That was until I was introduced to his Jahrhundertring, or the “Centenary Ring” production presented at the Bayreuth Festival in 1976 for the one hundredth anniversary of Wagner’s four-part series of epic music dramas. In a collaboration with the legendary French director Patrice Chéreau, Maestro Boulez and he created a launching pad for “Regietheater”, advocating broad-mindedness for not only musical interpretation, but taking liberties with the staging and setting as well. The artists in this revolutionary production did not channel their characters in traditional mythological garb: Sir Donald McIntyre’s Wotan was dressed in a frock coat as a banker in the Industrial Revolution, and Gunther sports a tuxedo to contrast with his blood-sworn brother Siegfried, who is dressed in rags as a dragon-killing, mountain-climbing, fire-jumping hero. The Ring itself is born from gold stolen from a hydro-electric plant, not from the banks of the peacefully blue Rhine river.The struggle between capitalists (Wotan and the rest of the Godly race) and the working class (the Nibelungs) undermines the conventional Norse mythology found in Wagner’s work.

Boulez and Chéreau’s combined work was booed mercilessly at Bayreuth for years. After its final performance in 1980, however, it was given a 45-minute ovation, showing that the staging of opera was moving in a new direction and that audiences were conforming and opening up in response.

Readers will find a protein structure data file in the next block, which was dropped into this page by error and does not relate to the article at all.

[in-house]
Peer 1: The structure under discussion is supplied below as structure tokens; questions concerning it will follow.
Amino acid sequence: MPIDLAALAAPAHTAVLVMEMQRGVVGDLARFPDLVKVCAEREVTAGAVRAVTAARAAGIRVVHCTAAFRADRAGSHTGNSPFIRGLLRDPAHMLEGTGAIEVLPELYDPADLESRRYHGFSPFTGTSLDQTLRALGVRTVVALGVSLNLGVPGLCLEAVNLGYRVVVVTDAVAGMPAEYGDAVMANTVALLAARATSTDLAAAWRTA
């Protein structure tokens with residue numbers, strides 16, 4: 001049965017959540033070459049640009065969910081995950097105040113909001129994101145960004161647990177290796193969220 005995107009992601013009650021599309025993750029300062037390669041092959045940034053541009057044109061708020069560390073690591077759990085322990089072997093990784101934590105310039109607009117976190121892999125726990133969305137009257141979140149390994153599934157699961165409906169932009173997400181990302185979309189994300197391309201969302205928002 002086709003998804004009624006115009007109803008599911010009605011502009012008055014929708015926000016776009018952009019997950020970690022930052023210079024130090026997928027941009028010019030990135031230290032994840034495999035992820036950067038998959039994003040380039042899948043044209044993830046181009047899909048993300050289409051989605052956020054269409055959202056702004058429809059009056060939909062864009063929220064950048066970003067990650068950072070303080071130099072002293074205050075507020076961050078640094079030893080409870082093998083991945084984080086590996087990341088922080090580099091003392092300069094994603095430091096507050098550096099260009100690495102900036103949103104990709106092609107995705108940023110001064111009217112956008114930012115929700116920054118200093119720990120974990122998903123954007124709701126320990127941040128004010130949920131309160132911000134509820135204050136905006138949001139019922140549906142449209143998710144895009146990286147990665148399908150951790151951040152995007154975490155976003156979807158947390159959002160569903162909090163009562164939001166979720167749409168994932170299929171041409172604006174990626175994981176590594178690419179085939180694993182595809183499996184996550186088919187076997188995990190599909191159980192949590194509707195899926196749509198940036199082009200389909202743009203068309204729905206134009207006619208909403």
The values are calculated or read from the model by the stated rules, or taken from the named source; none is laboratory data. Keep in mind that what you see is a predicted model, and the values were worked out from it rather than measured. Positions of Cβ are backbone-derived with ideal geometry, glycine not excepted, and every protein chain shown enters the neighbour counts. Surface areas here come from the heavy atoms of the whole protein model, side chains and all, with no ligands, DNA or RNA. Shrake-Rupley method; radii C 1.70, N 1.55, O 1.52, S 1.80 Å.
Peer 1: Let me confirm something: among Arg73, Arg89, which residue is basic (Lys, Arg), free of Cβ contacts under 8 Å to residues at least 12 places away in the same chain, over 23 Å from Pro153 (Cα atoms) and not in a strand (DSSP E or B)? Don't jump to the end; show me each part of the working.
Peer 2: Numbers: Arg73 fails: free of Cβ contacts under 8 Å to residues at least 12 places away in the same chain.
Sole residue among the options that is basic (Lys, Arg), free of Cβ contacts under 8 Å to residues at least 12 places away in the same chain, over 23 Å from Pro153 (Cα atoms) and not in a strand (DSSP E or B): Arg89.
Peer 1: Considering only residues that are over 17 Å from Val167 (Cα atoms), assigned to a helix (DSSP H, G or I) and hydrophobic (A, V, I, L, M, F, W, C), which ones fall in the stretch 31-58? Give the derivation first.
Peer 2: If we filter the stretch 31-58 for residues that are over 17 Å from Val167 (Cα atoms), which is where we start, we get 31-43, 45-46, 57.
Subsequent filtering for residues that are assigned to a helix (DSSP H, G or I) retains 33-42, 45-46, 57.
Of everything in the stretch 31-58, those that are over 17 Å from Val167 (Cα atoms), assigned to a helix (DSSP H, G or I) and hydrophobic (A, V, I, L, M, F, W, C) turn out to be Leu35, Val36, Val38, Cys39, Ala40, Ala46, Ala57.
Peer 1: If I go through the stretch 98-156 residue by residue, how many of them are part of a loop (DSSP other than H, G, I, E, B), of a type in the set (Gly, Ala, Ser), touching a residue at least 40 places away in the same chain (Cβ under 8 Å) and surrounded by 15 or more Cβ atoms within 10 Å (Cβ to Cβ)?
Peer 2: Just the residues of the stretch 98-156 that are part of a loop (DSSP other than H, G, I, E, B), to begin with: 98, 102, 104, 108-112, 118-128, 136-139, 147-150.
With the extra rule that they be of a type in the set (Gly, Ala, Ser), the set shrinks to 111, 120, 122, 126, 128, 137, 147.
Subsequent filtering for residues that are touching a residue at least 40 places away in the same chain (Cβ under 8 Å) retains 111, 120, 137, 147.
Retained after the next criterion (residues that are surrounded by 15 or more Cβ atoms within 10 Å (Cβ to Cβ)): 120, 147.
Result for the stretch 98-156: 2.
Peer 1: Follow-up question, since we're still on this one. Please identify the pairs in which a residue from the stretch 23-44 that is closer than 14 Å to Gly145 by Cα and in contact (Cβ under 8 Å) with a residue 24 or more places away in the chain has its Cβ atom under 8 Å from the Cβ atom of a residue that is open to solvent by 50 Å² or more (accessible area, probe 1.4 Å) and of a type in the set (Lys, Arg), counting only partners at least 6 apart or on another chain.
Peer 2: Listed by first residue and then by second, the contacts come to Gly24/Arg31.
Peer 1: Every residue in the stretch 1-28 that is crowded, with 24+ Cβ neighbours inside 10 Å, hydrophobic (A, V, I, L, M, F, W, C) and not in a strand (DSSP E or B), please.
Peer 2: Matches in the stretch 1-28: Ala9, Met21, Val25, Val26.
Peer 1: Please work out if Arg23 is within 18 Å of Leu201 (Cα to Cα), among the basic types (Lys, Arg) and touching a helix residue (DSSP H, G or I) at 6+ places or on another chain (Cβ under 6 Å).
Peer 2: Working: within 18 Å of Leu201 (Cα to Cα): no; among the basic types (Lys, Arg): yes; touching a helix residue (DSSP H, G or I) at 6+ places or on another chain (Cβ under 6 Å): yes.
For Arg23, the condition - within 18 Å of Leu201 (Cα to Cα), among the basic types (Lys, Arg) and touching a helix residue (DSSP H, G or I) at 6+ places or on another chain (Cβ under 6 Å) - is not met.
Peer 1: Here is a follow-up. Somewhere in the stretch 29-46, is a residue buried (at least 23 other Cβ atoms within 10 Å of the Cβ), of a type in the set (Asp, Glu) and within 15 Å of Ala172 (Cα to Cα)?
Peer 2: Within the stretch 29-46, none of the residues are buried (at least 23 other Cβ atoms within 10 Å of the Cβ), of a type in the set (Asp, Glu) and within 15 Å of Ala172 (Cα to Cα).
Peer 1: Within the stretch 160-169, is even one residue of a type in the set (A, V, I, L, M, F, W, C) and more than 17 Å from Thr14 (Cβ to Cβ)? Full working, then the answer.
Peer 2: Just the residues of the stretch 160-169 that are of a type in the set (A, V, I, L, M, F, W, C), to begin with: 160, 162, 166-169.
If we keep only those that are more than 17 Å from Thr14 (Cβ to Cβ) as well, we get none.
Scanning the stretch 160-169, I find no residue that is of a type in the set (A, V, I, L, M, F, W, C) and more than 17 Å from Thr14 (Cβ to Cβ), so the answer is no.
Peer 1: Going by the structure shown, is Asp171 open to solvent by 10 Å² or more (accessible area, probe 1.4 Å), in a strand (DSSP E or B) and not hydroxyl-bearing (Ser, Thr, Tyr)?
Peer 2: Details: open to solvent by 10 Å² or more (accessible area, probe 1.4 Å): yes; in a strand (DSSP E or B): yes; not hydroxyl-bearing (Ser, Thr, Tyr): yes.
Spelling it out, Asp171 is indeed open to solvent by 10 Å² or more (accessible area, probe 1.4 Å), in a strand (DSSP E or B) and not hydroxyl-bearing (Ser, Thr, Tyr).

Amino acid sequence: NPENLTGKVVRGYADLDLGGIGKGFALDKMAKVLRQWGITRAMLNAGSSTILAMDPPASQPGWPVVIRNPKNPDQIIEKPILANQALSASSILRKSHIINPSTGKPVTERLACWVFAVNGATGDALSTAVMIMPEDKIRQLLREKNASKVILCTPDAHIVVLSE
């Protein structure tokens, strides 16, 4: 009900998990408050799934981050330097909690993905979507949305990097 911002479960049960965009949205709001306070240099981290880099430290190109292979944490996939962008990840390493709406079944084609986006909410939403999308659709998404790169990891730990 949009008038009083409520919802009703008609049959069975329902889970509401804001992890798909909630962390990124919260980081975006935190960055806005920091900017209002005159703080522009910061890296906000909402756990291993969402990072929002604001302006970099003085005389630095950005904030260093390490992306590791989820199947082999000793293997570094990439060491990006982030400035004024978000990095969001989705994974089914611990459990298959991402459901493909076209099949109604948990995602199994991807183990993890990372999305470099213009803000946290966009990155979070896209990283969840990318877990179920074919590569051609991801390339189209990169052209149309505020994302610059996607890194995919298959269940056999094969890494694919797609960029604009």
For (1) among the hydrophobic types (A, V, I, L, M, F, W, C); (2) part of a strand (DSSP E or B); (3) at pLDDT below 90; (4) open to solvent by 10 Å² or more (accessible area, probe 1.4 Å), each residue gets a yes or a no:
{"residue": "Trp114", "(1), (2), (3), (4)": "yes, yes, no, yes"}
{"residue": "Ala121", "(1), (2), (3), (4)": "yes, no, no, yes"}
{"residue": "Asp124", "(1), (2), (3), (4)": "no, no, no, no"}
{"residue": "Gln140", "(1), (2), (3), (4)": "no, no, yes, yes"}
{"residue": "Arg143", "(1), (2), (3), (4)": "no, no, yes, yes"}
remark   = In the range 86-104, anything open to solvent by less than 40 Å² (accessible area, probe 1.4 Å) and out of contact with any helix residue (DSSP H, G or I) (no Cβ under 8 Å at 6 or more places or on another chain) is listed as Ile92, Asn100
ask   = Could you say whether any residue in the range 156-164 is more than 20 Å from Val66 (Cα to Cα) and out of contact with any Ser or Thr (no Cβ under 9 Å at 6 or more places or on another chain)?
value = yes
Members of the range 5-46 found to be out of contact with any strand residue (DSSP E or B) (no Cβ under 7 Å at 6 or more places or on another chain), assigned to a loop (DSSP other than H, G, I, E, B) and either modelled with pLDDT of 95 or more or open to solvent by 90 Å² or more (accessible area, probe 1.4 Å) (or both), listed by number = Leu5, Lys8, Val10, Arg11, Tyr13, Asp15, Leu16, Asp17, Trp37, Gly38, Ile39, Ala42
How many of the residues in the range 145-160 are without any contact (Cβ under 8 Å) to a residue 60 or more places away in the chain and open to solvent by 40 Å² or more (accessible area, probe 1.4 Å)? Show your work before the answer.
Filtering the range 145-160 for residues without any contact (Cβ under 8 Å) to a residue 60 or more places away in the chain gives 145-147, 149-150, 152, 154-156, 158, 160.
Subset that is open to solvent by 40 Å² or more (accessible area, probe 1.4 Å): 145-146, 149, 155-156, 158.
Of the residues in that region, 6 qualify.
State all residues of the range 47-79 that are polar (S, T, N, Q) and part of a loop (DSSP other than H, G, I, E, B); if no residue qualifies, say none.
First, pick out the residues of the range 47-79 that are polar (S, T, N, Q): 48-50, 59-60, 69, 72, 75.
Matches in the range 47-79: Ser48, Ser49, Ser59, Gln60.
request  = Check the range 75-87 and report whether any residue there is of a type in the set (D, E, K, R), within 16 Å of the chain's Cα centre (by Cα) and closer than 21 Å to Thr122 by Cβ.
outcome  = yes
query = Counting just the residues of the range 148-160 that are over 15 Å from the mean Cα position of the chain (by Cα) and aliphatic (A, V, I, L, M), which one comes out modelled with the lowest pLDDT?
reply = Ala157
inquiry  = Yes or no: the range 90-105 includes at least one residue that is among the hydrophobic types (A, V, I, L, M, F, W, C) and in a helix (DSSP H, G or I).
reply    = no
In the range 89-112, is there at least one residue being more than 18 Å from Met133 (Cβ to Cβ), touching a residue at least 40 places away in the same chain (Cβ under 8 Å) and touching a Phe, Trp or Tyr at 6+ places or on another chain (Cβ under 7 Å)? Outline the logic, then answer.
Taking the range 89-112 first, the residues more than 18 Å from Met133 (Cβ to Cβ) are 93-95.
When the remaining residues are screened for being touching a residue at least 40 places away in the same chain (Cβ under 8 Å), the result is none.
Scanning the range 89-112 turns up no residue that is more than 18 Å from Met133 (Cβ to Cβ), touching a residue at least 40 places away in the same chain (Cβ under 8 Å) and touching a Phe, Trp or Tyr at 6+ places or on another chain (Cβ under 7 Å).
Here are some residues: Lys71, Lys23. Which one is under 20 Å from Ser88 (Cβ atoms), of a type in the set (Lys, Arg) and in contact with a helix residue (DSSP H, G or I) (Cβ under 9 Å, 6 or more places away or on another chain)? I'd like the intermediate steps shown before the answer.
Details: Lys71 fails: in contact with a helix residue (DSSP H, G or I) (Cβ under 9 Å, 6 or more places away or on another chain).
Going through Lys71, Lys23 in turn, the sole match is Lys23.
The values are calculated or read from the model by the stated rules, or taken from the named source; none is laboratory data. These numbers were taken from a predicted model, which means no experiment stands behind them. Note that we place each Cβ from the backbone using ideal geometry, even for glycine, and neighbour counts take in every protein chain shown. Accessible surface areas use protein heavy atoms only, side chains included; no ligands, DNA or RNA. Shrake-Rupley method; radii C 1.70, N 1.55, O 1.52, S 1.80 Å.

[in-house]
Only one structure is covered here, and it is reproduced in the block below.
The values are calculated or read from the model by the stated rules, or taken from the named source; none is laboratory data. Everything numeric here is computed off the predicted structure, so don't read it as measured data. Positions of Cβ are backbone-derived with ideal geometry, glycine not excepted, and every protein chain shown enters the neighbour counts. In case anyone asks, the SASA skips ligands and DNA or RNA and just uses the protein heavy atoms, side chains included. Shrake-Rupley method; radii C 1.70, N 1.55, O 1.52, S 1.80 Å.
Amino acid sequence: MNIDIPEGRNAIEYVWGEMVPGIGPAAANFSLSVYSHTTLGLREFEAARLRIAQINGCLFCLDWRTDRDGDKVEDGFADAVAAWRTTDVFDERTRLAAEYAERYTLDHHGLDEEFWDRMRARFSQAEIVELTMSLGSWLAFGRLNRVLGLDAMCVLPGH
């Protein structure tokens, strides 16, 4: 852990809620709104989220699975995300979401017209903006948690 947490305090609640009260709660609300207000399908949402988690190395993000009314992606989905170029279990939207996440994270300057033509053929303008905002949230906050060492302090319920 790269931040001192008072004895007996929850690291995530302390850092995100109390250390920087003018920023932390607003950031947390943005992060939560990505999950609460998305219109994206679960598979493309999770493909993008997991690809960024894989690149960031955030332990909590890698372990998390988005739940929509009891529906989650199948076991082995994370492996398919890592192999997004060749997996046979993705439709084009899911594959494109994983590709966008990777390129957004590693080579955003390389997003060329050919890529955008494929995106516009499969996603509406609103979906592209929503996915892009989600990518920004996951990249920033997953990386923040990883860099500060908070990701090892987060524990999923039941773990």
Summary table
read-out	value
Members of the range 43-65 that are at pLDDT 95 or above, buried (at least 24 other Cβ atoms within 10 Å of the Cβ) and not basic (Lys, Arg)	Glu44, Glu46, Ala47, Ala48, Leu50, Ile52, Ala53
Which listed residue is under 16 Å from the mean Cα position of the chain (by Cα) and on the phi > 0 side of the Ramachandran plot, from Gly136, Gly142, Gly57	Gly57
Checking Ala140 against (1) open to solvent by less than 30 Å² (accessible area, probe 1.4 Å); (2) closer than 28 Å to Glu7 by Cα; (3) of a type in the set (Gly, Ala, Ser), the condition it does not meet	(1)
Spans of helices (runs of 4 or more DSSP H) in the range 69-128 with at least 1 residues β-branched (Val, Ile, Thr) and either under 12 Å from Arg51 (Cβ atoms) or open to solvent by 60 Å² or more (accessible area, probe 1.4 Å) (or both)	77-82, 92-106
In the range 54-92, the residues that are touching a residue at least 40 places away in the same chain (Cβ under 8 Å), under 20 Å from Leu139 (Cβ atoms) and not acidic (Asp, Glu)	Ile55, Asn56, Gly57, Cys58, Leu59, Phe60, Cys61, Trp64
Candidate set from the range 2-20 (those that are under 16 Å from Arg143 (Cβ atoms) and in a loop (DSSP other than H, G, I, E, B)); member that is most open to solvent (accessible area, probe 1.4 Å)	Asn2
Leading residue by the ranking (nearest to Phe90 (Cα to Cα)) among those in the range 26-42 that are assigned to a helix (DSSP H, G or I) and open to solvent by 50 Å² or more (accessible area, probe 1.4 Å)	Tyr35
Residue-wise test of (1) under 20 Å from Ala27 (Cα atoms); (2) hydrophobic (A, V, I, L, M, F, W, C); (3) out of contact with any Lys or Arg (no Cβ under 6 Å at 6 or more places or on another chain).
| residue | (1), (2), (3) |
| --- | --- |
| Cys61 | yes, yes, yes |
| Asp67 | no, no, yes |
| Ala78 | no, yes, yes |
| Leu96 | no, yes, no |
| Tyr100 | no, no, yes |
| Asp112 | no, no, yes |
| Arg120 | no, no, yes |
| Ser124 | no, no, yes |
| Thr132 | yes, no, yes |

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Sir Donald McIntyre as Wotan in the final scene of Act III of Die Walküre

Nothing like Boulez and Chéreau’s collaboration had ever been done anywhere else previously, let alone atop the sacred Green Hill. Remember in 2013 when audiences for the Met’s new production of Parsifal were getting hot flashes because Jonas Kaufmann unexpectedly loses his shirt before his big smooch with the supernatural Kundry? That erotic style of staging for Wagner was very similar to the staging for Peter Hofmann, another very good-looking German tenor, as he loses his shirt during the Todesverkündigung with Brünnhilde. What seemed deranged and nutty back in the late seventies is perceived as typical on today’s stages. Maestro Boulez was a man ahead of his time.

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Peter Hofmann as Siegmund and Gwyneth Jones as Brünnhilde in Act II of Die Walküre

While I may not have enjoyed some of his speedy tempi and abrupt endings to phrases, I understand that his background of contribution to the development of innovations such as computer music, integral serialism, and controlled chanced allowed him to introduce opera to the future, and looking back from 2016, the longterm. The intense, dramatic acting and intimacy between characters implemented in the Centenary Ring has become a necessity for Ring productions today. Maestro Boulez created a new standard with which opera directors in the present day work, and for that, the music world should be forever grateful.